The Problem with Children

I was asked by my esteemed online editors to write a blog about the experience of moving, one of those off-the-stress chart experiences I am currently in the middle of. As in, I have been living in an apartment in Texas and “commuting” home to New York every other weekend to see my husband and kids, which has been hard—not to mention hideously expensive—on all of us.

Now our NY house is rented, a Texas home is leased, the school year is over and all our plans have been hatched. I moved my apartment stuff into the house last week; then, I retrieved my two kids and our cat and flew them to the house. Now, the moving van empties out 18 years worth of the stuff of family life and finally, my husband flies down to join us. The plot thickens and, on paper, nears resolution.

The problem is the children. Or more accurately, that I love my children, and though personal growth has been a priority my entire adult life, I will never, ever be able to have a Zen attitude towards my kids. Never will I be able to say to myself:

Maybe my kids will like their new lives in Texas, maybe they won’t, but things happen for a reason and it all works out.

I mean, I DO think things happen for a reason, and I DO think things will work out. But my love overwhelms all of that. The house needs repairs and it’s not unpacked and there’s no Internet and I am fretting about bringing Nick and Darcy into this chaos. More importantly, I’m uprooting my son from the home he has lived in all his life; he just finished the all-important junior year in high school. I am putting him in a new school in a new state for his last year….he won’t graduate with his lifelong friends, won’t celebrate with them.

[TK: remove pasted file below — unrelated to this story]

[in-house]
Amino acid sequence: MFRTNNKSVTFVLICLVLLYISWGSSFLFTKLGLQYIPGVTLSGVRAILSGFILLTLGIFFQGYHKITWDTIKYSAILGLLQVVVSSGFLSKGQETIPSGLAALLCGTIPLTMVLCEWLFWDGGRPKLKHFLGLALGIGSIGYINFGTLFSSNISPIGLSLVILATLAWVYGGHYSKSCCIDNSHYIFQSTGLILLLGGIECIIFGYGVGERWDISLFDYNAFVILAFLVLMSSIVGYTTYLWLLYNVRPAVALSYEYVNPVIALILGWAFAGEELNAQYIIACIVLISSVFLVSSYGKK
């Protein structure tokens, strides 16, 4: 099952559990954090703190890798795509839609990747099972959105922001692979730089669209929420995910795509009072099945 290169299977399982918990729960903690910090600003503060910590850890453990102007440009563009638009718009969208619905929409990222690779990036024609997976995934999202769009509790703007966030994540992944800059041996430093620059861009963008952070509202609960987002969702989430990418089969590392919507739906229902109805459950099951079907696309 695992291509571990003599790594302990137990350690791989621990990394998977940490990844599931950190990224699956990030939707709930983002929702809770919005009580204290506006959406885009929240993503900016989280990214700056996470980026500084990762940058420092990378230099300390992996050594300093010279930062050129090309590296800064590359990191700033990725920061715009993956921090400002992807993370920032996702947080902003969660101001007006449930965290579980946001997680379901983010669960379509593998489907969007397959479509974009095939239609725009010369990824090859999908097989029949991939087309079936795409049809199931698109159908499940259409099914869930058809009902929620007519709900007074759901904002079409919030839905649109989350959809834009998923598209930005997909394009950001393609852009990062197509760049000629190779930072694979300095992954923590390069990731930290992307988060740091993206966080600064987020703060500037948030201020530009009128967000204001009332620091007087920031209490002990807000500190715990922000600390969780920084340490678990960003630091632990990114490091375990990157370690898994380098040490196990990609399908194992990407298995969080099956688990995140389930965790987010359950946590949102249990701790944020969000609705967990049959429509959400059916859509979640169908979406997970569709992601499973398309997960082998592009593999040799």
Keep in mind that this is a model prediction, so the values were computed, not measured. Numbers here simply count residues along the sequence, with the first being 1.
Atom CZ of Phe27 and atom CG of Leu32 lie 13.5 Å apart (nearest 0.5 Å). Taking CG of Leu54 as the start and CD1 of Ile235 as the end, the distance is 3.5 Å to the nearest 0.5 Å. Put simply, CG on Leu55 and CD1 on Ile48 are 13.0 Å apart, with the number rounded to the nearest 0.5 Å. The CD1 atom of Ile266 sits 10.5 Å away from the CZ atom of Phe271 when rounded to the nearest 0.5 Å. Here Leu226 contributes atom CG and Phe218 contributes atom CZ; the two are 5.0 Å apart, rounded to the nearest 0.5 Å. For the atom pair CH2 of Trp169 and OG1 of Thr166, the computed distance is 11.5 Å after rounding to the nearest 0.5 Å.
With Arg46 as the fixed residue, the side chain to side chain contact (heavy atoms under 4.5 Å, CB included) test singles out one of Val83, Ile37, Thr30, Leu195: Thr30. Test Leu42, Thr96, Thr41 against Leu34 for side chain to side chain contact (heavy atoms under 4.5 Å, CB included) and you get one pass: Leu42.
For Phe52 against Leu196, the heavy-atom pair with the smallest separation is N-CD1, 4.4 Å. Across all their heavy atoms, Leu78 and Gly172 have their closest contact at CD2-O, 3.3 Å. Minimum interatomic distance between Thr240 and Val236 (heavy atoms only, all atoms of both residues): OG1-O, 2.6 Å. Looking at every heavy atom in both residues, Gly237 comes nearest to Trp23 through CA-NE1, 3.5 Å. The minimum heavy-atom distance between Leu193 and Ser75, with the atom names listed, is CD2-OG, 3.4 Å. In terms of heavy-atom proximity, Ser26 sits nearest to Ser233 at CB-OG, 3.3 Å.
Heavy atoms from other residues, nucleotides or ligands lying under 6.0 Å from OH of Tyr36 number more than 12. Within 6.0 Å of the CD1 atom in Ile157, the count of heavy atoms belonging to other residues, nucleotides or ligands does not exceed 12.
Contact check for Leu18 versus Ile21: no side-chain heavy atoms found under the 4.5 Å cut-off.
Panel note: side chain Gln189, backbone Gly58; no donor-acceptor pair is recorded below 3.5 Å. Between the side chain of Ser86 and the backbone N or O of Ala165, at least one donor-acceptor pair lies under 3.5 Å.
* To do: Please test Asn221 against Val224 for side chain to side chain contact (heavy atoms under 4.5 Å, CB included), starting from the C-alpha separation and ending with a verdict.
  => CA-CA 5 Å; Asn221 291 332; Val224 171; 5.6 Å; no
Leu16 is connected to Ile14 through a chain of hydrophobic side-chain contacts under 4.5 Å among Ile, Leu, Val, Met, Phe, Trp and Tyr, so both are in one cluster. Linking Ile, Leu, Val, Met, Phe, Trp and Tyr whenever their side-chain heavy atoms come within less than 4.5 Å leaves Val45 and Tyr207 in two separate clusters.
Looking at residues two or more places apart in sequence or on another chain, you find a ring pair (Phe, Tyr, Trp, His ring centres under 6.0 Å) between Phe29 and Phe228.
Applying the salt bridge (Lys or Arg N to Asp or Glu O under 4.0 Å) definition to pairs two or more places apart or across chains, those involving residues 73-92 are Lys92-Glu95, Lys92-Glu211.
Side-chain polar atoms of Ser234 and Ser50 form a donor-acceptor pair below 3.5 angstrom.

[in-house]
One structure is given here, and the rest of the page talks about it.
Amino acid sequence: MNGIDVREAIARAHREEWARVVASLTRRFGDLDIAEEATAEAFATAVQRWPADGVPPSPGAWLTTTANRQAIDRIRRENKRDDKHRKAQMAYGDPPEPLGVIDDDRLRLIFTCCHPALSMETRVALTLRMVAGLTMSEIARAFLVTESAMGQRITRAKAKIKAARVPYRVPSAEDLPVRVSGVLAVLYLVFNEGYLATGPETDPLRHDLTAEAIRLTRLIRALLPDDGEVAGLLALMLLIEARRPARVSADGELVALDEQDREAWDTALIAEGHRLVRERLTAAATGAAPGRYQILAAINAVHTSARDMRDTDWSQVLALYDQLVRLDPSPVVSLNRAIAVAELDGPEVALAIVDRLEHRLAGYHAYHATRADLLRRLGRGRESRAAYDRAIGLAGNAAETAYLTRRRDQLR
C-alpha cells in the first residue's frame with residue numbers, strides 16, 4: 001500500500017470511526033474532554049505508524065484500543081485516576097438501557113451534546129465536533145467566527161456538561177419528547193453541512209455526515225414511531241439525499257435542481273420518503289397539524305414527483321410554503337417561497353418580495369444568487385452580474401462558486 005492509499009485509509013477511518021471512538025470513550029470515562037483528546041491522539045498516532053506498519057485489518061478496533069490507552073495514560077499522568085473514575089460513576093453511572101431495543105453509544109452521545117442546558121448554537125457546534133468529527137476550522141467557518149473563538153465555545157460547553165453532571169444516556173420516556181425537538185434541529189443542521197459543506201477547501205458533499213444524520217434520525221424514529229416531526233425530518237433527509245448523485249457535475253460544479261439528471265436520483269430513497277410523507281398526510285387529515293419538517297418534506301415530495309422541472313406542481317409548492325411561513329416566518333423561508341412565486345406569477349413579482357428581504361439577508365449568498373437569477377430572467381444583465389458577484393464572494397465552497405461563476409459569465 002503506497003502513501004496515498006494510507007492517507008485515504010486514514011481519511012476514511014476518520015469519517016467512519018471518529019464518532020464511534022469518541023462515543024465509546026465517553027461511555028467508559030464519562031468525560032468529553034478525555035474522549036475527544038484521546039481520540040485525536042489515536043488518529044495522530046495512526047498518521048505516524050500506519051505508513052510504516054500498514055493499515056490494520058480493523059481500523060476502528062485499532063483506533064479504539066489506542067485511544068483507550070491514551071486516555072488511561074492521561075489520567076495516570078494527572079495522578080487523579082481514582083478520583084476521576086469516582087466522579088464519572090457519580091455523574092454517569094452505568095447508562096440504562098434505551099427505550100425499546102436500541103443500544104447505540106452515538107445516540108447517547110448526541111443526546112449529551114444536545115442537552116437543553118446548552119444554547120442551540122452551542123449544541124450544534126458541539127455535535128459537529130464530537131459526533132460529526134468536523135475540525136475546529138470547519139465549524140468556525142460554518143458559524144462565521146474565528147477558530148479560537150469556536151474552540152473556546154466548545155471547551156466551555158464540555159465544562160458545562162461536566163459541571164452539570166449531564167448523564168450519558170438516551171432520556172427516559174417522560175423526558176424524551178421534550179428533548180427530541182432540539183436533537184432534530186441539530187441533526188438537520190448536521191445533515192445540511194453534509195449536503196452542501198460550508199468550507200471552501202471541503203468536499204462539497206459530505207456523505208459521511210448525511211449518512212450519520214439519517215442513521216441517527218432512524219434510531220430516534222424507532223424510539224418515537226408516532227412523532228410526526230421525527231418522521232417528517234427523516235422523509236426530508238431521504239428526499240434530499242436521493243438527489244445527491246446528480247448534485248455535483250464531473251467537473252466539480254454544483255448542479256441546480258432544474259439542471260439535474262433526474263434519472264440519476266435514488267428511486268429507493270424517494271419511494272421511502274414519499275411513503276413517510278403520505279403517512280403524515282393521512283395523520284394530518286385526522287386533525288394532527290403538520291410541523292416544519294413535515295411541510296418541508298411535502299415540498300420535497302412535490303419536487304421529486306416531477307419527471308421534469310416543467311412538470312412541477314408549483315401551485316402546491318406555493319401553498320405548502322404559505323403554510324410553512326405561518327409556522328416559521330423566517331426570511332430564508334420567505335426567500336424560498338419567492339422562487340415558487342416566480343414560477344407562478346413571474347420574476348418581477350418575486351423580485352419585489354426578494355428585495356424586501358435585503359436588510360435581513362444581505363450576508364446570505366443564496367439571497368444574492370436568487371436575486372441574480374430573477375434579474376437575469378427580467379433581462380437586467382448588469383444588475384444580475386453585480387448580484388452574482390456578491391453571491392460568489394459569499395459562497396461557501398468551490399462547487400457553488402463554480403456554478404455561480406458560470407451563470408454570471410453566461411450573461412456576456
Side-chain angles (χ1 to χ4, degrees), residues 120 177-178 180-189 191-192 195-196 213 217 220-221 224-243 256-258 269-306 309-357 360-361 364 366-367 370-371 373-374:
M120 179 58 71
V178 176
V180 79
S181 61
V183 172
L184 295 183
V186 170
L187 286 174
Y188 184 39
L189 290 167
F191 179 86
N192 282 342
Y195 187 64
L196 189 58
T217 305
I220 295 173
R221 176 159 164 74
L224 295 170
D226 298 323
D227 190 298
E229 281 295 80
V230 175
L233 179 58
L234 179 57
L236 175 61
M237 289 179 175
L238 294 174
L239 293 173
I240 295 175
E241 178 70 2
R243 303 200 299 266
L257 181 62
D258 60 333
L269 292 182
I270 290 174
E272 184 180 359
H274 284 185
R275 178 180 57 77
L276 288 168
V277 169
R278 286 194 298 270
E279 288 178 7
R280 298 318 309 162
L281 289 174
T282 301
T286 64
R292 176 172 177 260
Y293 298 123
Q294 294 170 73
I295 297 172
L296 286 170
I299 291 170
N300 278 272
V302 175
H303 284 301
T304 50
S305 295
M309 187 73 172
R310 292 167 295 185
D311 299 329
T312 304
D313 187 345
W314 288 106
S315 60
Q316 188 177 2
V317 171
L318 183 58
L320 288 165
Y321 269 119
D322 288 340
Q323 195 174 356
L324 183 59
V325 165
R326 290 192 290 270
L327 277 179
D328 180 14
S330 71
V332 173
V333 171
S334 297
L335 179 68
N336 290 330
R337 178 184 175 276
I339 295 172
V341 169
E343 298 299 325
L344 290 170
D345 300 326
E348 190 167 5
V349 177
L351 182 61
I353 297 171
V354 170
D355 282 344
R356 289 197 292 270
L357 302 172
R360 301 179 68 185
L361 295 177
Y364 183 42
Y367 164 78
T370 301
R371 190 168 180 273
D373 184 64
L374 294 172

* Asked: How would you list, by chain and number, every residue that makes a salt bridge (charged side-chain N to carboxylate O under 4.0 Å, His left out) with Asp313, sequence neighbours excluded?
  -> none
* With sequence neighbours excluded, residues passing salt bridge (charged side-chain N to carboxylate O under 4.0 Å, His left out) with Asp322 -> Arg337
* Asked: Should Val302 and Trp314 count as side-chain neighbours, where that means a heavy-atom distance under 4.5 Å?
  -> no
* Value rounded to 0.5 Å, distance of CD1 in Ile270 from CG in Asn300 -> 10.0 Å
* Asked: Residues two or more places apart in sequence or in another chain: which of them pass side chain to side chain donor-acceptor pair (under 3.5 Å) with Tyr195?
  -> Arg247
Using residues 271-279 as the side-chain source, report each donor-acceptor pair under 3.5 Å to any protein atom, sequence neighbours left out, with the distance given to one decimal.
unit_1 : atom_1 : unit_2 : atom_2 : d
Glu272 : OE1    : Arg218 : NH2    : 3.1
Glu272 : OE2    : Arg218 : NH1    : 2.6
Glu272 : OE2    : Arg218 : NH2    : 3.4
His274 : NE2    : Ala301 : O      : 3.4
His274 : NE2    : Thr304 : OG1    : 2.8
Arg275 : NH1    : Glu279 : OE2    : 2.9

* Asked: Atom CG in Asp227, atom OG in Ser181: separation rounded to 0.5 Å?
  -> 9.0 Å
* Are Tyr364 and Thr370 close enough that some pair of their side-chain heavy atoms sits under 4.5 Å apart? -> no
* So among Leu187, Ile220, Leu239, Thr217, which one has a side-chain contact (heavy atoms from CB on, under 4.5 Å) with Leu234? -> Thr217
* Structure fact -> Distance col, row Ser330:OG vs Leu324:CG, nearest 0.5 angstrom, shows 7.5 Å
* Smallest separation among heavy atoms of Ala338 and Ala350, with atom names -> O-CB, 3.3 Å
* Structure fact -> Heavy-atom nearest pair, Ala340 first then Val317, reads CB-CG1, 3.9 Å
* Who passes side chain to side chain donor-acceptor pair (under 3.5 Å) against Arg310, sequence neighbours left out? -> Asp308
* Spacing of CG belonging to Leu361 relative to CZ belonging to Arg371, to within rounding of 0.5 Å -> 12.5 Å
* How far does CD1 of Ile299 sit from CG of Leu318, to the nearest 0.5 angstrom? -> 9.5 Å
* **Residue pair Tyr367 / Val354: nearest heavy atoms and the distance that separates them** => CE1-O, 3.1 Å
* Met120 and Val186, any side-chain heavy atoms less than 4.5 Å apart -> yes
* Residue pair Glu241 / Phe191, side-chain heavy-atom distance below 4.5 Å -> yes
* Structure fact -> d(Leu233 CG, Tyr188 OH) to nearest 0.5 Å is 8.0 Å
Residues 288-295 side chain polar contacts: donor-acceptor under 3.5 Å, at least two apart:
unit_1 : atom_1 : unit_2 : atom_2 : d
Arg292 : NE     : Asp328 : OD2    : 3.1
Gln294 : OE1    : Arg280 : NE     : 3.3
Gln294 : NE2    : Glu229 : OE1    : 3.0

As for my daughter, she has two close friends in New York; she is shy, hates parties, thinks movies are too loud and so refuses to go, and is a total homebody. But she has those two friends who mean the world to her. One of the girls made Darcy a going-away present: she hand-stitched a heart onto a blanket and embroidered “Jenna & Darcy: BFF” onto the heart. Darcy carries the blanket around like she’s Linus and the move hasn’t even happened yet. She’s only 8. She has nightmares. She’s terrified of spiders. She needs me, desperately, and this 10 months of separation has been wrenching. We’ll be together, thank God—but I’m also bringing grief and loss into her life.

They say if Mama ain’t happy, ain’t nobody happy. I would say that a bit differently. If Mama’s kids ain’t happy, Mama ain’t happy. Can’t be. Just not possible. Is it even healthy to think about evolving to the point where your own happiness is not tied to your children’s? I don’t know. What do you think? And is it different for mothers and fathers? Share with me.


Susan Kane is former editor in chief of SUCCESS. She relocated from New York City, where she was editor of publications such as Parenting and New Woman.

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